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Guide To Check Certificate Expiration Dates with OpenSSL

OpenSSL is a remarkably powerful toolkit for a wide range of cryptographic tasks on Linux, macOS, and other operating systems.

One of its core functionalities is the ability to inspect and manipulate X.509 certificates. This includes the essential task of determining when a certificate will expire with the command openssl check certificate expiration.

Why Expiration Dates Matter

  • Security: Expired SSL/TLS certificates create vulnerabilities. Browsers will display warnings, and applications might refuse to establish secure connections.
  • Compliance: Many industry standards and regulations mandate the use of valid certificates.
  • User Experience: Expiration warnings erode user trust in websites and services.

Using the OpenSSL Commands

Here are the two primary ways to use OpenSSL for checking expiration:

1. Extracting the Expiration Date


openssl x509 -in certificate.crt -text -noout | grep "Not After"
  • Replace ‘certificate.crt’ with the path to your certificate file.
  • The output will include a line like this: Not After : Nov 16 23:59:59 2024 GMT

2. Checking Validity Against a Specific Time

 openssl x509 -in certificate.crt -checkend <seconds>

* Replace `<seconds>` with the number of seconds since the Unix Epoch (January 1st, 1970). You can use online converters to find this value.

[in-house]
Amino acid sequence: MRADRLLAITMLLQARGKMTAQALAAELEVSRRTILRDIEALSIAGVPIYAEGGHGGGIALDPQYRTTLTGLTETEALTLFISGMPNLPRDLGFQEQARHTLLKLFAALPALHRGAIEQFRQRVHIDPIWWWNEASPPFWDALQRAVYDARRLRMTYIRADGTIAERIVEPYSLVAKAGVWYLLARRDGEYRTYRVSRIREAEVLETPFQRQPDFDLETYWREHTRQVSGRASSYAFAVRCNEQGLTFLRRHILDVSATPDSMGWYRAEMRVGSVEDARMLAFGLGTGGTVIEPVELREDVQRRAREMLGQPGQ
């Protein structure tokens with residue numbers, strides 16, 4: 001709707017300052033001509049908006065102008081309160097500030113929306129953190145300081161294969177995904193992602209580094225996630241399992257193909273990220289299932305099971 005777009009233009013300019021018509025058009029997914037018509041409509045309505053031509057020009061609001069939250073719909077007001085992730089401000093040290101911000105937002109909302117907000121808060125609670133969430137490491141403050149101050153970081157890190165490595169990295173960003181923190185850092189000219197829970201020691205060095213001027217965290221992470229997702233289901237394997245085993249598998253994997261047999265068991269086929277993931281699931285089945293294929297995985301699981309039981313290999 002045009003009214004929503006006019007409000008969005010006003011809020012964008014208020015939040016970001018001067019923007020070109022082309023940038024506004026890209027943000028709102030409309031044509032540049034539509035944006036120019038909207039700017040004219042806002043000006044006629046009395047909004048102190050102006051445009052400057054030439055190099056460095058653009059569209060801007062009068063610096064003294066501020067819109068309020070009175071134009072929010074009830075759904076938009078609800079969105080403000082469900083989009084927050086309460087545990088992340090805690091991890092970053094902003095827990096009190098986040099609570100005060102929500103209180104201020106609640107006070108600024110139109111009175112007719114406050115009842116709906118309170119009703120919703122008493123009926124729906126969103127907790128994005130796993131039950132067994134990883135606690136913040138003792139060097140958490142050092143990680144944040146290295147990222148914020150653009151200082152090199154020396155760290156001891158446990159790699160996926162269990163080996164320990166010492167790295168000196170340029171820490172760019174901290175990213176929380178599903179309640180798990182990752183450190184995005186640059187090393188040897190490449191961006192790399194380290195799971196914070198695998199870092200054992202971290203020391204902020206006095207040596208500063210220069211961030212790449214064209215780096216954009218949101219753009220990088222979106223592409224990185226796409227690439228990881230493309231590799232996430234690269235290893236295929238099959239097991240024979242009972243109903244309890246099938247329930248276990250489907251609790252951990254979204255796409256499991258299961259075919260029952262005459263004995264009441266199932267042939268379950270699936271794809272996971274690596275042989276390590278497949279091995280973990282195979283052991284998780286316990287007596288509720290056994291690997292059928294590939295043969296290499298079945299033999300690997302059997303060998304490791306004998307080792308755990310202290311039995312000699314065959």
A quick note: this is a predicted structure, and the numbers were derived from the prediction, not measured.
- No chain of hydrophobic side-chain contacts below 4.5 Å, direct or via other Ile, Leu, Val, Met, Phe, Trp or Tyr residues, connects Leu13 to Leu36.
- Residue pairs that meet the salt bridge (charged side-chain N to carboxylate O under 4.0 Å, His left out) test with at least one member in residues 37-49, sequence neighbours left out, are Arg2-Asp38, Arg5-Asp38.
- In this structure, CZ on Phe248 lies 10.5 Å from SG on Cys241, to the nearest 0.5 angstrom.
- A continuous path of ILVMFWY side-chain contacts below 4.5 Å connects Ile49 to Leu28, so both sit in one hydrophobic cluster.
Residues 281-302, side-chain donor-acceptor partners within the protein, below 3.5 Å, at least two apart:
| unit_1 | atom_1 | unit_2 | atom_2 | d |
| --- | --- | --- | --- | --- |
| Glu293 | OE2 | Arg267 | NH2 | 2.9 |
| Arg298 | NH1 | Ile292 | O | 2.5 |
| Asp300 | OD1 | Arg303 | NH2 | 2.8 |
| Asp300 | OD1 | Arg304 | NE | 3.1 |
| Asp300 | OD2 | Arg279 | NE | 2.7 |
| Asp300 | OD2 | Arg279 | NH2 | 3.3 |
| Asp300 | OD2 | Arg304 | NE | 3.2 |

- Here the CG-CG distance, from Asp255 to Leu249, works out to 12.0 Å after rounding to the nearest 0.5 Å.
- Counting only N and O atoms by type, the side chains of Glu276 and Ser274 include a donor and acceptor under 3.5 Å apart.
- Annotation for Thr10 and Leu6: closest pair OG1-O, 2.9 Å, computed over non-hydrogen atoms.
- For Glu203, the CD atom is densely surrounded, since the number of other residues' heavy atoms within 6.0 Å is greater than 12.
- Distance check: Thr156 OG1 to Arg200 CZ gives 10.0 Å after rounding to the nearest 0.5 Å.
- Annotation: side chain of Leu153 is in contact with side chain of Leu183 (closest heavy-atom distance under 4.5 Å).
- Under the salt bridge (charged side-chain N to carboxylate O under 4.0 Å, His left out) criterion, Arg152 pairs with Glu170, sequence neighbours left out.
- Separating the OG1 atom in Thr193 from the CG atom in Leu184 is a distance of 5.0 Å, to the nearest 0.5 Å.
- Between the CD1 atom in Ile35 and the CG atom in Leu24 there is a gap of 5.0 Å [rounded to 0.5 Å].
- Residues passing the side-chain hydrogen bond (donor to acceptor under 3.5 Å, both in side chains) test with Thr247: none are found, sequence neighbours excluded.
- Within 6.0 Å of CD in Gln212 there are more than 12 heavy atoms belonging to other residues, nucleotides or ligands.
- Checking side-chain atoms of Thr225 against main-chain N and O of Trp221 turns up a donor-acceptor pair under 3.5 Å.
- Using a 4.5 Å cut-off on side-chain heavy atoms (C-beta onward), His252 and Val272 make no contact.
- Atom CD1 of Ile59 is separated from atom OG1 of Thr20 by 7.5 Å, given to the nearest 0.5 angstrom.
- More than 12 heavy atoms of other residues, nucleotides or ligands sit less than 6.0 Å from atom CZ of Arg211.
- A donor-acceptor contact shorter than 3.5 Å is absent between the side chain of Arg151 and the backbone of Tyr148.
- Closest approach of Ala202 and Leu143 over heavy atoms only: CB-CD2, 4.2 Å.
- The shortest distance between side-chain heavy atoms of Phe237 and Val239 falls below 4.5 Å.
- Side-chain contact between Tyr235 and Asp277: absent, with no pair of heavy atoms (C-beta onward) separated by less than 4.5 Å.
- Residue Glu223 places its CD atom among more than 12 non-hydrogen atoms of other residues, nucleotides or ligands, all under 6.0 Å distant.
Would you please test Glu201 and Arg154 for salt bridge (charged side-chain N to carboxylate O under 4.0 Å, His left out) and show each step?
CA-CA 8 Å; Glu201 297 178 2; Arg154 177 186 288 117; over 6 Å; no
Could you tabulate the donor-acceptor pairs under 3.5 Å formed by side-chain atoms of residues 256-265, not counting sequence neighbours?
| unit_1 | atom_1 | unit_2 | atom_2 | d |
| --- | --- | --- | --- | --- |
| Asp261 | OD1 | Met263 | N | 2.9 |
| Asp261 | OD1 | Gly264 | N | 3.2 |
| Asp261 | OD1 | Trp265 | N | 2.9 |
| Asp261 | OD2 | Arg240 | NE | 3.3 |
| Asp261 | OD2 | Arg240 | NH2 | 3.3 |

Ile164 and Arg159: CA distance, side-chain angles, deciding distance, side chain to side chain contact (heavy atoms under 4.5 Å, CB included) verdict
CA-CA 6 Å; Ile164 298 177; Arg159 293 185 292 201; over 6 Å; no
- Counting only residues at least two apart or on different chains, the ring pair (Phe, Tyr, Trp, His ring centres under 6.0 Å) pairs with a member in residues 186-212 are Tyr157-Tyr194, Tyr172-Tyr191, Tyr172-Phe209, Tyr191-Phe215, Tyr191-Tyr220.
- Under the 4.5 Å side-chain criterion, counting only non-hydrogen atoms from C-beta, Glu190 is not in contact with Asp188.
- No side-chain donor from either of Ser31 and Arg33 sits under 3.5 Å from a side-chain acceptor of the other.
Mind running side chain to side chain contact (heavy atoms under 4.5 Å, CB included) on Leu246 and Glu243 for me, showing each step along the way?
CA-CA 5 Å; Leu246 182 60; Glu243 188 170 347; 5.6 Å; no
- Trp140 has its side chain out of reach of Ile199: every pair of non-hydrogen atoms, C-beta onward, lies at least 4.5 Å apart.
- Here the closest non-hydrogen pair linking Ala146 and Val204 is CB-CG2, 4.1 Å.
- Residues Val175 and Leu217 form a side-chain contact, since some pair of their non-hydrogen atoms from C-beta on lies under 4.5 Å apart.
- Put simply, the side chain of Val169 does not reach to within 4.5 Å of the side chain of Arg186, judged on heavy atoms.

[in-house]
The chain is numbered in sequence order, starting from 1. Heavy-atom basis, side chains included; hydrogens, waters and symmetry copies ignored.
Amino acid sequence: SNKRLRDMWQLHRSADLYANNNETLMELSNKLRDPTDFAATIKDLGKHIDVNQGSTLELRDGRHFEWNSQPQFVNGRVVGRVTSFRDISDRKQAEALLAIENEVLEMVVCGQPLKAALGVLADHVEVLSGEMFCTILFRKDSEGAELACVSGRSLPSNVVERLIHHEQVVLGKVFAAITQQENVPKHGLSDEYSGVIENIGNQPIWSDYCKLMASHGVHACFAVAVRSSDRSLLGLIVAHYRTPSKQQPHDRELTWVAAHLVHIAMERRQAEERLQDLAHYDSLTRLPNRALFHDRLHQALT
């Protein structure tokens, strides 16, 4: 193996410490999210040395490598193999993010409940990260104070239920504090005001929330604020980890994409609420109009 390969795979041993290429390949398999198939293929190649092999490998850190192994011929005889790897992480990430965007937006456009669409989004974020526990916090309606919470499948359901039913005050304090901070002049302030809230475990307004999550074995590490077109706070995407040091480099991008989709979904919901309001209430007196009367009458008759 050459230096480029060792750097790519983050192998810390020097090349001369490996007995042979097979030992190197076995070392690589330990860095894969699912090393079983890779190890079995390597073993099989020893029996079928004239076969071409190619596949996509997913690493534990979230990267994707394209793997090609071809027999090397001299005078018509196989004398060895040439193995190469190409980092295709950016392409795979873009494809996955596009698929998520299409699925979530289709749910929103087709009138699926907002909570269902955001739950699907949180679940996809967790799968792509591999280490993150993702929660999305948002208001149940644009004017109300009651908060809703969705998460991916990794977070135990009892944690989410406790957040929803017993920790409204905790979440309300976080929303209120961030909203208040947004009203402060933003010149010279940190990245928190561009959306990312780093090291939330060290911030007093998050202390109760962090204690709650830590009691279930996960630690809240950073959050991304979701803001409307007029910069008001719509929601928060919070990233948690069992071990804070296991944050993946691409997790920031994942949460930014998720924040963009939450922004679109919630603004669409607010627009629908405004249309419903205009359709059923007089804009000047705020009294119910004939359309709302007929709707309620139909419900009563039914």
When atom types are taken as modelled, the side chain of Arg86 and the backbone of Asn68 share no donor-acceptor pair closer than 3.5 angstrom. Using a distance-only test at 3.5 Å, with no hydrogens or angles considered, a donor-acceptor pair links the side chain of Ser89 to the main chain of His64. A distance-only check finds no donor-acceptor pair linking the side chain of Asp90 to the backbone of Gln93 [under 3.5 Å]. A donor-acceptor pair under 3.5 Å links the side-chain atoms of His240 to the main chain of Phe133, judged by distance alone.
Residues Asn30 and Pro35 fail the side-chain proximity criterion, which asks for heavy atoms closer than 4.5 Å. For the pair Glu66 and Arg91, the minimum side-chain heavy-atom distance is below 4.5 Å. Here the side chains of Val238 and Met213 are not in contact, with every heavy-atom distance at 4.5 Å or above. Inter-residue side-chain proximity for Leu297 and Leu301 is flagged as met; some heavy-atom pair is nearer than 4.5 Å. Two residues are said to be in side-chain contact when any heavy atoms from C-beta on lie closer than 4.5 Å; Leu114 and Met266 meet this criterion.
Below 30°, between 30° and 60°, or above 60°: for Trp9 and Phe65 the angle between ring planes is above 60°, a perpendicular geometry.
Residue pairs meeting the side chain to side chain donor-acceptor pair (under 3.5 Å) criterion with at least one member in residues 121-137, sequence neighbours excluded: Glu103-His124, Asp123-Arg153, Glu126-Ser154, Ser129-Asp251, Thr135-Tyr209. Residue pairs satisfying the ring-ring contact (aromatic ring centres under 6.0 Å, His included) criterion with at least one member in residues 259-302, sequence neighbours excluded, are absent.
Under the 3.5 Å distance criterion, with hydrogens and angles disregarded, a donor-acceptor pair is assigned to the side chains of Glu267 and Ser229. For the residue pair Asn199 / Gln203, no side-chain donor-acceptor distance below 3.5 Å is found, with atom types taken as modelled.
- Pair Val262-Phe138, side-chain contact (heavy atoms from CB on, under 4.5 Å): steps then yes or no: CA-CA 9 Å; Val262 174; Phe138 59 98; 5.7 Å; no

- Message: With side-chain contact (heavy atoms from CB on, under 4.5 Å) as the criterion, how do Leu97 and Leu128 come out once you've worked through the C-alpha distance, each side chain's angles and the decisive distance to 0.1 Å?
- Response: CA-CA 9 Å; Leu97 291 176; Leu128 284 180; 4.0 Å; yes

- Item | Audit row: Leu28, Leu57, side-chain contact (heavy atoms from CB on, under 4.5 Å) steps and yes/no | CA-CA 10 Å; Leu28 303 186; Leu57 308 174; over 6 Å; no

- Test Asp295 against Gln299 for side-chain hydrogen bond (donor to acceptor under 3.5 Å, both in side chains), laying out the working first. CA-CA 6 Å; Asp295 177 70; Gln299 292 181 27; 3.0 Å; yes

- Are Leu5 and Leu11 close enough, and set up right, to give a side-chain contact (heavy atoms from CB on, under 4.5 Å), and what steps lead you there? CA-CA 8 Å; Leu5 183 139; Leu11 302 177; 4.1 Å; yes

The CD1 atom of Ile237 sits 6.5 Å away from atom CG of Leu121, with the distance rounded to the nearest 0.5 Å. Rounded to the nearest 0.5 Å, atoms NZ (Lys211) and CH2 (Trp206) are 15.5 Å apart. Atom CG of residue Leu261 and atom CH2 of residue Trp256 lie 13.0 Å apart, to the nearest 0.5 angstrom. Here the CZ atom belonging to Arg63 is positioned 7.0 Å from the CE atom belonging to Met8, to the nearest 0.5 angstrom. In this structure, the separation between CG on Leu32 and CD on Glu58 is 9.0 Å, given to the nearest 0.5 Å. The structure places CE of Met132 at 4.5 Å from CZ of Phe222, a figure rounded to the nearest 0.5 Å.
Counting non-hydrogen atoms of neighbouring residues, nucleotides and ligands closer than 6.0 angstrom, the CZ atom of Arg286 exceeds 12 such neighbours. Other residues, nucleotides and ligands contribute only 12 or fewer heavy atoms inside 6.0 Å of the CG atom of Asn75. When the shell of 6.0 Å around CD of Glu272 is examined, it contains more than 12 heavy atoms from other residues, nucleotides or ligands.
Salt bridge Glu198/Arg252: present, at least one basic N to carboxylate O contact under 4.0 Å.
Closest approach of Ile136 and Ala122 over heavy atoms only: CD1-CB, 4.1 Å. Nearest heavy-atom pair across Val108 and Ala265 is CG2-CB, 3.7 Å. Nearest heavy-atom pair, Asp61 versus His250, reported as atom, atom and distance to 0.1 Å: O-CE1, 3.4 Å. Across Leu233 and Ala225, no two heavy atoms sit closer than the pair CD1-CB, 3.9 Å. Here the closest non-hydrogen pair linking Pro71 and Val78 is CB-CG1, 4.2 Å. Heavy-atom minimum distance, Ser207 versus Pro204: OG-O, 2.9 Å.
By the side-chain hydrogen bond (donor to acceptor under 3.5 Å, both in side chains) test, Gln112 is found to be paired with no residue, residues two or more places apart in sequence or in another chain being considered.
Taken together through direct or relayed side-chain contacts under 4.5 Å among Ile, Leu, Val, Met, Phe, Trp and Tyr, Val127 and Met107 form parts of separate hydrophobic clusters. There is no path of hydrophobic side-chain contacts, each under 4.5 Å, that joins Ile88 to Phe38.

* OpenSSL will provide a clear indication of the certificate's validity at the specified time.


  • openssl x509: This OpenSSL subcommand is specifically designed for working with certificates.
  • -in certificate.crt: Tells OpenSSL which certificate file to examine.
  • -text -noout: Instructs OpenSSL to produce a human-readable text output and omit the certificate itself.
  • grep “Not After”: Filters the output to show only the expiration date line.
  • -checkend: This option tells OpenSSL to determine whether the certificate will be valid at a specified point in time.

Checking Remote Certificates

OpenSSL can even check the expiration of certificates on remote servers:


openssl s_client -connect < /dev/null | openssl x509 -noout -dates

(Replace ‘‘ with the hostname of the server you want to check)

Key Takeaways

  • openssl check certificate expiration is an indispensable tool for system administrators and web developers alike.
  • OpenSSL offers flexibility by allowing you to both extract the raw expiration date and check the validity against a specific point in time.
  • Remember that certificate expiration is just one part of proper SSL/TLS management.

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